The backbone of Park County’s future lies in consistently applying the LURs. Rarely should the Commissioners make an exception to the LURs and then, only for good and sufficient business reasons. It is too easy for exceptions to become the rule, and a Commissioner should be on guard for that possibility.  The issue of land use is a major responsibility of the Commissioners and it consumes a considerable amount of their time, as it will mine, if elected.

In Park County, we have a dedicated knowledgeable regulatory staff and a dedicated Planning Commission.  Both seem to always keep the best interest of the County and its citizens foremost in their minds. Because of their support, the Commissioners have an excellent resource for guidance at their fingertips. While it is not necessary to be an expert in the LURs, it is a Commissioner’s duty to give the utmost respect and weight to the recommendations of the regulatory staff and Planning Commission.  Finally, consistency in application of the LURs seems to me to be the most important guiding principle in evaluating land use and zoning questions. 


Property rights are a fundamental right for every citizen and these rights require the greatest level of protection.  It is important that property owners have the freedom to enjoy the right to determine the highest and best use of their property with as little constraint as possible.  At the same time, property rights must be guided by the Land Use Regulations, codes and other applicable laws.  As a Commissioner, it requires being certain that regulations are never used to deny the legitimate rights of a property owner, and that the legitimate rights of their neighbors are not harmed.  Protecting these rights shares an equal place with enforcement of codes and regulations.  For me, property rights are an inherent right of ownership and should never be regarded as a privilege.


The voters of Park County have clearly spoken about new or increased taxes.  Tabor puts the decision for increasing, or adding, taxes squarely in the hands of the voters where it belongs.  Time after time, Conservatives find ways to remove or reduce taxes and nearly always, it improves the economy while producing more jobs.  It is up to a Commissioner to find new ways to make the budgeted revenues work.  Increased taxes or new tax schemes are not an option for solving our problems.   And that means, we will have to work smarter and more efficiently within the existing tax revenue framework.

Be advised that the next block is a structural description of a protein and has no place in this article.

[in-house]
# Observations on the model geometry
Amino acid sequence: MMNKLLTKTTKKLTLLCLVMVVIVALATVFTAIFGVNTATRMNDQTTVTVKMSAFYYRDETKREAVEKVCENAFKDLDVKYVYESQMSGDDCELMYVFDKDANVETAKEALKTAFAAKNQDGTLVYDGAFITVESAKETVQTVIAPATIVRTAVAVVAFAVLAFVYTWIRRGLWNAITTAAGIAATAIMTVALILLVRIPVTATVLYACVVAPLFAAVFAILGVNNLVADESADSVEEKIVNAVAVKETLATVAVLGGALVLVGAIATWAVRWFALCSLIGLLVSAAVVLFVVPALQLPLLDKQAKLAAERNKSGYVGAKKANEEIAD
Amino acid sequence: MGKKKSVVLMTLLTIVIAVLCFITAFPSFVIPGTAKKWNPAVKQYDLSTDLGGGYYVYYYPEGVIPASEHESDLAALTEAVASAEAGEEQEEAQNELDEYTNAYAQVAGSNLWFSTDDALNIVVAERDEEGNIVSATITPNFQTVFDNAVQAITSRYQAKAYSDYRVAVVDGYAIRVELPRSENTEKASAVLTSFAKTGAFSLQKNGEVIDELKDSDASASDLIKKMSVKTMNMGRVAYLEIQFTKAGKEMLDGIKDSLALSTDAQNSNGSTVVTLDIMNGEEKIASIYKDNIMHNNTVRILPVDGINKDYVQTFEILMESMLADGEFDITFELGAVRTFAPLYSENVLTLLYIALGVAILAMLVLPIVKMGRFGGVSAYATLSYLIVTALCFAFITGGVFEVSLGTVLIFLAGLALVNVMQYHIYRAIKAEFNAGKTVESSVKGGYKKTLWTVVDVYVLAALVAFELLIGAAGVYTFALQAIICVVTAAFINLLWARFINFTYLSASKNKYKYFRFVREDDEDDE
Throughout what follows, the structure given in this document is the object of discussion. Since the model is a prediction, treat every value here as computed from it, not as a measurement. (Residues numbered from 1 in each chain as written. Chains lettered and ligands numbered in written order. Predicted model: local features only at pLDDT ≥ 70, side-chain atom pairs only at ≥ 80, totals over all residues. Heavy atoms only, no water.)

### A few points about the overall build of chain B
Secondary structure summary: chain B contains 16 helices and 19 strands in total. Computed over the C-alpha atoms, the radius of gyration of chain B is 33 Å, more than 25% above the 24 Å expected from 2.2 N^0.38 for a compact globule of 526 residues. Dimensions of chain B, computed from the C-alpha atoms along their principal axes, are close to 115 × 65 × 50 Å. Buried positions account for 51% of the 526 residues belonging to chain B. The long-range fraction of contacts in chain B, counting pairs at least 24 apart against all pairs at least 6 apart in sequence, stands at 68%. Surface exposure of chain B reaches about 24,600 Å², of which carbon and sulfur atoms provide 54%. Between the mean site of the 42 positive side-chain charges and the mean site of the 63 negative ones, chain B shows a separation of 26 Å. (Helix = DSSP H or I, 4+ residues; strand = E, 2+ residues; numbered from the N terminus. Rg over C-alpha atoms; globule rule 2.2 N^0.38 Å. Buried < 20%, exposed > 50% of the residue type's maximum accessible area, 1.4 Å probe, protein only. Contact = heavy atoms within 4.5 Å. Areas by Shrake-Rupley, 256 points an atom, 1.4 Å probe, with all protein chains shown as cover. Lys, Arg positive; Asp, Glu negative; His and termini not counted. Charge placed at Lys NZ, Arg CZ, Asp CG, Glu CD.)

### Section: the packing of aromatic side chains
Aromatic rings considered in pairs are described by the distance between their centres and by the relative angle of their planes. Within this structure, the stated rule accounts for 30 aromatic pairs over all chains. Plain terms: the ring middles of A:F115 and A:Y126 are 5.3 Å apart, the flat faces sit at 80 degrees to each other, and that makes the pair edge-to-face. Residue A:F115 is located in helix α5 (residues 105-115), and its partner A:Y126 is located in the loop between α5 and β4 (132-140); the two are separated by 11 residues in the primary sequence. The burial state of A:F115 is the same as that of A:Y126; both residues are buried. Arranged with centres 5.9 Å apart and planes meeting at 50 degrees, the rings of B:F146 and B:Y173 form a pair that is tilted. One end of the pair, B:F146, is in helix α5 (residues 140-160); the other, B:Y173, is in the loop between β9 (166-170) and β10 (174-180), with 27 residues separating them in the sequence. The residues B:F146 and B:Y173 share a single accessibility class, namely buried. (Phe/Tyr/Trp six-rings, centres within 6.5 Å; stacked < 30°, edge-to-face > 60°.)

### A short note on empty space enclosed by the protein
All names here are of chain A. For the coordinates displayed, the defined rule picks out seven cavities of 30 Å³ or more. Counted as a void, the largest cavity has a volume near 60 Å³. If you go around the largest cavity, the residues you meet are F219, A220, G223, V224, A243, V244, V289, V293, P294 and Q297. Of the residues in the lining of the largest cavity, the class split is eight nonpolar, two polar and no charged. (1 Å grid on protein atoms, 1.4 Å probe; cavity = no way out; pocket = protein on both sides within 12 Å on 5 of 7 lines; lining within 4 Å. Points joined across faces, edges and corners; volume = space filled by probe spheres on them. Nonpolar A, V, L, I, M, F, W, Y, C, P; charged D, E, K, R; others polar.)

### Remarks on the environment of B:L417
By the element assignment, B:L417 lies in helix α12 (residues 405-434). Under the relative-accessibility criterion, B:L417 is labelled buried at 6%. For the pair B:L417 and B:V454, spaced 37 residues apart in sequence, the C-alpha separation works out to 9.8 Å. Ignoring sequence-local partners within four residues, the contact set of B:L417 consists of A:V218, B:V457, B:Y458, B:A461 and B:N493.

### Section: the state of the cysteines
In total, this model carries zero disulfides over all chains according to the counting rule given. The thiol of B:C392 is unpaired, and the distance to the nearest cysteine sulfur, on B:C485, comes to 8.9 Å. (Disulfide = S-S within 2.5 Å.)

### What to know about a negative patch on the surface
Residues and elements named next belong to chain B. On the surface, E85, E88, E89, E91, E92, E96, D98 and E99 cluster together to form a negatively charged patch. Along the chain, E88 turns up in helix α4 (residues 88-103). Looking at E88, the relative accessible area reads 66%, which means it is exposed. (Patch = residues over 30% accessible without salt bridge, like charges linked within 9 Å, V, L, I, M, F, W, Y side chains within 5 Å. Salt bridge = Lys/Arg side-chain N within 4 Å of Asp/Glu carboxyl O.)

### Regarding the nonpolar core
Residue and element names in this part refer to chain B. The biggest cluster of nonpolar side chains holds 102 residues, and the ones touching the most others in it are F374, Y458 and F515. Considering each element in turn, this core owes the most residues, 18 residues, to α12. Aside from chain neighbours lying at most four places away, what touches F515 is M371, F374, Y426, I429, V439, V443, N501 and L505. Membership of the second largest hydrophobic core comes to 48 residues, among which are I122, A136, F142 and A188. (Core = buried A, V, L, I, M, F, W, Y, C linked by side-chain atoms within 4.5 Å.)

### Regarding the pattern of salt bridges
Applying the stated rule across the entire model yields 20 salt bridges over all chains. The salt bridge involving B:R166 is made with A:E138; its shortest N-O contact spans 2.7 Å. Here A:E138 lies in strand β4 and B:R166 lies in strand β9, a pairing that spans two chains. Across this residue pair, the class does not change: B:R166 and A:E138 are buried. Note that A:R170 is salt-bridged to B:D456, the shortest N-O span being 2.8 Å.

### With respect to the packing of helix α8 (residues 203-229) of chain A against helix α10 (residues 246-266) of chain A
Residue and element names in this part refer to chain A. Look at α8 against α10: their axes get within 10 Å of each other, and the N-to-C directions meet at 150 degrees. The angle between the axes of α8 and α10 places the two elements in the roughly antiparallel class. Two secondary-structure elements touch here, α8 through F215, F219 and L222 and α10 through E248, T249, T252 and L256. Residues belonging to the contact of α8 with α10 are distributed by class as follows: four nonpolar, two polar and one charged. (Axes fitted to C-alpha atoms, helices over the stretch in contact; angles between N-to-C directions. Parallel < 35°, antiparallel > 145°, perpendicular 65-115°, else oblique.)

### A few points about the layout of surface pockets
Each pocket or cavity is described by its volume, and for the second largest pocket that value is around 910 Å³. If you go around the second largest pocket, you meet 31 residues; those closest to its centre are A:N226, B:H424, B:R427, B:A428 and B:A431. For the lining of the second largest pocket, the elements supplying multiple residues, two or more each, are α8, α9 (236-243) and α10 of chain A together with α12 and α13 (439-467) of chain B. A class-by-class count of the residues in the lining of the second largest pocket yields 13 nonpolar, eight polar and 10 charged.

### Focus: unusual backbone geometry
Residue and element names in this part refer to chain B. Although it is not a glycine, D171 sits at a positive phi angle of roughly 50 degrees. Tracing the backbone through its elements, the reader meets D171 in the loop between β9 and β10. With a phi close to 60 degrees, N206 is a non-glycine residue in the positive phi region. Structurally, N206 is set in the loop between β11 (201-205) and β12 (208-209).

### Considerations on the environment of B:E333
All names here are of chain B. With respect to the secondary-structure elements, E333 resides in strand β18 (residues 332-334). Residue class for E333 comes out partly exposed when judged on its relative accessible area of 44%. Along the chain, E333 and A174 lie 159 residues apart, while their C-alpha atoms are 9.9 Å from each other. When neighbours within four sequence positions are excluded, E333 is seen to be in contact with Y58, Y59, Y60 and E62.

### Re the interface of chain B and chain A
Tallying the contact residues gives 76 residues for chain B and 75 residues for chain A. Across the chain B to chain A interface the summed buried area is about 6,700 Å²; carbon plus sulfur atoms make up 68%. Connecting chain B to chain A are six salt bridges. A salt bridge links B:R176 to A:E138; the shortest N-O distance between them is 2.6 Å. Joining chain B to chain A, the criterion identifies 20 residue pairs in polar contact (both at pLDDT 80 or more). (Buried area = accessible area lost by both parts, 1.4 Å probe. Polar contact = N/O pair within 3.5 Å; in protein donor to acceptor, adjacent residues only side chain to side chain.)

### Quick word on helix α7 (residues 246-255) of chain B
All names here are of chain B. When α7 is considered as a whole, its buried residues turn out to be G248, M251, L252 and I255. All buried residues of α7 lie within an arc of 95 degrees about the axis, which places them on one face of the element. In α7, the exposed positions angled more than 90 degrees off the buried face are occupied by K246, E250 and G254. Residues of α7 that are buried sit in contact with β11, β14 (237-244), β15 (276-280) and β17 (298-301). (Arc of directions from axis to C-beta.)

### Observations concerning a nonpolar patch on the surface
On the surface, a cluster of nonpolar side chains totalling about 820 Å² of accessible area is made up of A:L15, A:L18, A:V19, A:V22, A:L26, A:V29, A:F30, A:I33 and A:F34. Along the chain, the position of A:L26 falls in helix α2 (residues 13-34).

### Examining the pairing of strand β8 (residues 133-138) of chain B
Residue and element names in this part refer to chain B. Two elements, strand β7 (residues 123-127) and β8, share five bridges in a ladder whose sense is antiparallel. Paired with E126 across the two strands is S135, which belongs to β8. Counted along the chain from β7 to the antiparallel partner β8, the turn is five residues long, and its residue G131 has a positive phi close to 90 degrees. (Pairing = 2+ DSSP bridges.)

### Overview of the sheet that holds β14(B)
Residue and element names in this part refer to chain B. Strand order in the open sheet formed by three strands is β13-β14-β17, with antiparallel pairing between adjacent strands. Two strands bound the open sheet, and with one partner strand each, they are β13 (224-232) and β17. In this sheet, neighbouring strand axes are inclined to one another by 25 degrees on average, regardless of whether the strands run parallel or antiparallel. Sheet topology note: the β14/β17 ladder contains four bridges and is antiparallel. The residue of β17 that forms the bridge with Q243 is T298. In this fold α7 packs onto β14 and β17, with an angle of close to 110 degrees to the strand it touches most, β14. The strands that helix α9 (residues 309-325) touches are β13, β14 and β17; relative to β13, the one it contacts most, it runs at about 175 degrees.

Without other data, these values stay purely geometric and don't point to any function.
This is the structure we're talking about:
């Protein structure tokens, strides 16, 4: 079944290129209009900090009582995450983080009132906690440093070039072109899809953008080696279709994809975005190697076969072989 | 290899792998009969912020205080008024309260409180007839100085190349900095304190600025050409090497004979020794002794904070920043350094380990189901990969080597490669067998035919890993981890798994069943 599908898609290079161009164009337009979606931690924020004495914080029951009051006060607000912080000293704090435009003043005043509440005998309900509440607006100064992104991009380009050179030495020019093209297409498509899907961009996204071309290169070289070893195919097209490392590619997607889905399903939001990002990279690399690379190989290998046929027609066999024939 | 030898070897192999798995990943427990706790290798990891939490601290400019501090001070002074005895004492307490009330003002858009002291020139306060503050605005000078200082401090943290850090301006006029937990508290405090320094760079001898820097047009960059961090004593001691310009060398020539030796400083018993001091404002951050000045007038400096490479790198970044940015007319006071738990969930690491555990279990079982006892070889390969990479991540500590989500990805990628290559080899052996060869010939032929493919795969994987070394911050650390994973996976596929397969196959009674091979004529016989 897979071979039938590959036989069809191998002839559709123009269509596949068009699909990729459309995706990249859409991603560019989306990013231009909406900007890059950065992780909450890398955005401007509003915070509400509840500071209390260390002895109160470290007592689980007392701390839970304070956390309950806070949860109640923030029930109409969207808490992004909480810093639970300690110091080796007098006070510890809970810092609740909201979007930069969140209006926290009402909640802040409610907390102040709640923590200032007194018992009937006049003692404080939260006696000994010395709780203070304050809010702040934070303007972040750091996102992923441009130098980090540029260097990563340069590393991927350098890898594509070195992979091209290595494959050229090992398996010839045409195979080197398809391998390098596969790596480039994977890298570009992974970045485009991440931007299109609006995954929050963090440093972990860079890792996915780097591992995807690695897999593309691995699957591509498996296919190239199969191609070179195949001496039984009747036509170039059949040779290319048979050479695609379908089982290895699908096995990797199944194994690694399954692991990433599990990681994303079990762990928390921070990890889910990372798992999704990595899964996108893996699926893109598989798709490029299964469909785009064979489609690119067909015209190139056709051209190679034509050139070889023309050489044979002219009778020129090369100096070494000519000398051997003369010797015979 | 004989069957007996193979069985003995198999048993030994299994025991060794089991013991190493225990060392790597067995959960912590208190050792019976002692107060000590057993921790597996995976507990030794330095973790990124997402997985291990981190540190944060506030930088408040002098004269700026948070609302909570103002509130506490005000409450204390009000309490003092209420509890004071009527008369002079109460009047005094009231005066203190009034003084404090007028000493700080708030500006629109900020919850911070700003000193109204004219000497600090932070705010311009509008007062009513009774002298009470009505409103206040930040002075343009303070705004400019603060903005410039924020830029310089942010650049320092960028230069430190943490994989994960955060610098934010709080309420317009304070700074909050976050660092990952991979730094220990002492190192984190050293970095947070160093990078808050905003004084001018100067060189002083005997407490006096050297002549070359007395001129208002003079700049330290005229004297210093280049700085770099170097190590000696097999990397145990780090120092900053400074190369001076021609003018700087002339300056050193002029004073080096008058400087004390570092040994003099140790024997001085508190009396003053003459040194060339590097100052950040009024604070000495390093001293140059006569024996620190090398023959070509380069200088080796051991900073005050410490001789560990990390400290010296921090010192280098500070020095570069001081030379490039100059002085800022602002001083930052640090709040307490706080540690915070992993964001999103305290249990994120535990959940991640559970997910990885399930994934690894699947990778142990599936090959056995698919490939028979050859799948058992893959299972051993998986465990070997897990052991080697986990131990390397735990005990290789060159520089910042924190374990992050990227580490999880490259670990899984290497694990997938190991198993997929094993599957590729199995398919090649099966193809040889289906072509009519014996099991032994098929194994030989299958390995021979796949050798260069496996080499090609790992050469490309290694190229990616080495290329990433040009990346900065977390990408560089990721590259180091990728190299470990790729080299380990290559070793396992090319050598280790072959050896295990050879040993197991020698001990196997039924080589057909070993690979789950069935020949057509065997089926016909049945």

Park County will face ever increasing demands for change driven by growth from the outside and we must do our best to meet the challenges of the future and what that may bring.  And most importantly, we must insure that there is a favorable climate for small businesses and development where appropriate. We have much in our favor, a beautiful spacious mountain environment, almost unlimited opportunities for outdoor recreational activity, and a largely conservative population that is attractive to prospective employers.  We need to look for more and better ways for the County to become a destination for tourism rather than allowing visitors to drive to other destinations. We need to work closely with other local agencies to promote and attract new business and increased tourism.

Our current long range plan is up for review and I see this as a chance to work toward a shared vision for the future. We need to develop an even more favorable climate for small businesses, tourism and residential development that respects the natural beauty of Park County and our way of life. The planning process will require leadership that looks to the future with foresight and optimism.

A vote for Hodges is a vote for Park County